Not only does this lack of cross-domain visibility or application-centric correlation among layers cause time-lags in determining where an app problem is located within the environment, it also severely hinders their ability to find the root cause and resolve the issues.
24 hours to fix an app issue is too long
When it comes to fixing issues, it’s not uncommon for it to take up to a day for public sector IT pros to find and fix them.
Considering what can be achieved in a day, the impact this can have on productivity as a result of waiting for web pages to load or being unable to access important spreadsheets can be huge.
Luckily, most of the time public sector IT works, with people experiencing fairly minor downtime each month but this doesn’t mean they’re still not experiencing significant delays while apps underperform and the issue awaits resolution.
Simply put, a 24-hour turnaround for app fixes is too long, as taking hours let alone a whole day to fix an issue often leads to other significant problems.
IT profesionals, be they government employees or in the commercial sector, are all faced with the problem of needing to do more in less time.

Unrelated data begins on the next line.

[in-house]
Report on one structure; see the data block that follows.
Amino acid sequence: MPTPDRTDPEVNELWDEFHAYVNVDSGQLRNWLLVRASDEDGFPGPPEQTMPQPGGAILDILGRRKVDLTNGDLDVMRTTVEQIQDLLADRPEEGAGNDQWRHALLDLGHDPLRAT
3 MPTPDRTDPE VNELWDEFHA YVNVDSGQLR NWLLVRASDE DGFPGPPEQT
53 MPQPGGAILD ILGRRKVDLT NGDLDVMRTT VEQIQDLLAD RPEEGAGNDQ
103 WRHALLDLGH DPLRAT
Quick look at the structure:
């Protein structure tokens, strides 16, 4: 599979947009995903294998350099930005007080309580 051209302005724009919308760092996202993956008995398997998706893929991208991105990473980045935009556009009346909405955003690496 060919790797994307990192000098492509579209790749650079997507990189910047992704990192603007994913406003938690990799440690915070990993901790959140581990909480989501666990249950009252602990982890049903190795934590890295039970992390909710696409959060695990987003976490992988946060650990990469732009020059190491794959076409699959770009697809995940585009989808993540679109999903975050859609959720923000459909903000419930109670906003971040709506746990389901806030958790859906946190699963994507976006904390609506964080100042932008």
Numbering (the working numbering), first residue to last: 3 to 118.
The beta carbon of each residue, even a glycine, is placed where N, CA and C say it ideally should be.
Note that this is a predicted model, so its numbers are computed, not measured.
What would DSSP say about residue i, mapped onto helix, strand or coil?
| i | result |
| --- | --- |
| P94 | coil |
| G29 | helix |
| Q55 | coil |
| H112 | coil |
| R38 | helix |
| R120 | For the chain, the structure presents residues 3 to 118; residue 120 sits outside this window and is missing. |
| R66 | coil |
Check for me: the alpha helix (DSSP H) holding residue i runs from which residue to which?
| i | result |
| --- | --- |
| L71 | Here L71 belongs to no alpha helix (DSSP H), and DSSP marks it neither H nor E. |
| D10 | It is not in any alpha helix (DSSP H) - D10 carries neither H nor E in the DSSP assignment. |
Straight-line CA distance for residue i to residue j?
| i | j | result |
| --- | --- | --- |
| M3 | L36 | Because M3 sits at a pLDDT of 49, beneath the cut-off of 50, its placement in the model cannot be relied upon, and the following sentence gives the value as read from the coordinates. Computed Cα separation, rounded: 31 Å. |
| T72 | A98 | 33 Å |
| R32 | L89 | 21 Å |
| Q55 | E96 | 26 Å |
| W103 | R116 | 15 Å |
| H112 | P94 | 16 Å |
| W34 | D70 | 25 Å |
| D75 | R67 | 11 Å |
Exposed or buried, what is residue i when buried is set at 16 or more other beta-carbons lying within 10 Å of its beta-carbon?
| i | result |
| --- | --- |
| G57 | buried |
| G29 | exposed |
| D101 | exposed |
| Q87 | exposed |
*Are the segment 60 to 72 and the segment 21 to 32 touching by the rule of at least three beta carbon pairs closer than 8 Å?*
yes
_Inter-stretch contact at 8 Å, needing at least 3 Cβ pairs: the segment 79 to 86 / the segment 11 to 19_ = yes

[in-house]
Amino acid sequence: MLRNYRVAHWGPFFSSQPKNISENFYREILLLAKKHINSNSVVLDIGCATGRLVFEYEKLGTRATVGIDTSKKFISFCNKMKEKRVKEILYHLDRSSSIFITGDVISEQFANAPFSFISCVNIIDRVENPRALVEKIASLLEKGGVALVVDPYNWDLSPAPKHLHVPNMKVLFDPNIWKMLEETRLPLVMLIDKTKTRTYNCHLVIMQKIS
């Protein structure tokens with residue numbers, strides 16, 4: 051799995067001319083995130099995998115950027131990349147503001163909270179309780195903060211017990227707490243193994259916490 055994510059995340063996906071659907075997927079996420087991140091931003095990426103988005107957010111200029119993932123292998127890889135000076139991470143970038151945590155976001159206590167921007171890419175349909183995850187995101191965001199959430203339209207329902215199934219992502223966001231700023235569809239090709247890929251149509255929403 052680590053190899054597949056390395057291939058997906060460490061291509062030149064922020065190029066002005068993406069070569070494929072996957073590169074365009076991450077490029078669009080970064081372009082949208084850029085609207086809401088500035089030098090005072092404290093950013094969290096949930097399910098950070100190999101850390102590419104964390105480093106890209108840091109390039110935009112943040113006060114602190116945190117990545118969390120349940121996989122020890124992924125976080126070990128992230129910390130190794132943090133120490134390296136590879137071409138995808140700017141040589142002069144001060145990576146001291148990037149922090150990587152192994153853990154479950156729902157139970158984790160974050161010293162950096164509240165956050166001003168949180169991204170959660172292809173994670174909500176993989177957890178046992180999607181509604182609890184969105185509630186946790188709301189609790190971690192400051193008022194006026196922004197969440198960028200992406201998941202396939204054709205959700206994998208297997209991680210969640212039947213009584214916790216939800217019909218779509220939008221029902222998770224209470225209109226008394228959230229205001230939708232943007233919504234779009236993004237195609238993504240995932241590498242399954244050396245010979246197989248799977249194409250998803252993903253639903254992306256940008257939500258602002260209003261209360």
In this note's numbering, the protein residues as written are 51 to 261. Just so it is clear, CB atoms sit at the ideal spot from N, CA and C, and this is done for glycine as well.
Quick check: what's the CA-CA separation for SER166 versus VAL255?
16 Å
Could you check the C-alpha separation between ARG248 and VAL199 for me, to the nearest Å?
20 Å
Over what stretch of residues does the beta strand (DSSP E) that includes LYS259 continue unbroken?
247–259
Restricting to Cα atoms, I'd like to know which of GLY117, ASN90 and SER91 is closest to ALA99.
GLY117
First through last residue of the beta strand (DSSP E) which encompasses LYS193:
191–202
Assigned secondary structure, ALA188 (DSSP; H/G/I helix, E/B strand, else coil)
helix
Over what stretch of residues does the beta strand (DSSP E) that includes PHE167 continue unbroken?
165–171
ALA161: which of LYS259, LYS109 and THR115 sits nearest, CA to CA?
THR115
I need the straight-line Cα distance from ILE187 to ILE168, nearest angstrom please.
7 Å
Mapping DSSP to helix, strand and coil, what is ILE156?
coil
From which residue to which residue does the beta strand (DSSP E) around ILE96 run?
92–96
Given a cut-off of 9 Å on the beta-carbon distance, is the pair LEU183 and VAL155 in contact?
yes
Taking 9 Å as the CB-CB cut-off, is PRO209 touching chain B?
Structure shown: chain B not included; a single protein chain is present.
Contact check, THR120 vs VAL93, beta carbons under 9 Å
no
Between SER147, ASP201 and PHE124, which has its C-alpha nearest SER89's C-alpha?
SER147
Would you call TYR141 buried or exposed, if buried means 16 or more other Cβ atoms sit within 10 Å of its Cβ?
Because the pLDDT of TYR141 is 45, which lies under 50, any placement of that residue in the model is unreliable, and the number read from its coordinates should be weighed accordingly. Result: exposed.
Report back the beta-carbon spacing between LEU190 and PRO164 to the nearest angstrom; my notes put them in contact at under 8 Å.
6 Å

However, IT managers have been known to waste a lot of time examining the app stack in an effort to solve an issue, while workers are impacted by system downtime caused by a single, unruly app.
This can seriously impede workers from doing their jobs, which could easily be avoided if the right tools and processes were in place to enable them to do their job effectively.
Application stack visibility is essential
Performance expectations for government IT professionals are high and are increasing all the time. With today’s demands for speed and the “always on” mindset, even the shortest delays from unresponsive web pages, online apps that don’t work and crawling download speeds can affect front line services or prevent public sector employees from working as quickly and efficiently as they need to. When applications used in critical government communications experience problems, it’s essential that public technology professionals have the right solutions and strategies in place to ensure they can find and resolve problems quickly.
Visibility and management of the entire application stack is vital for efficient monitoring and management of government IT infrastructures. However, the siloed approach that has evolved often prevents this, leading to a lot of time spent trying to identify application-specific problems, causes and potential resolutions.
Ultimately, steps need to be taken to enhance integrated monitoring and management capabilities across public sector departments.
The current model is simply not sustainable or conducive to productivity for government organisations that have come to rely on complex and layered app stacks, which in turn have become a costly burden that ends up wasting not only employee time but also the public purse.
Joel Dolisy is chief information officer and chief technology officer at ICT infrastructure supplier SolarWinds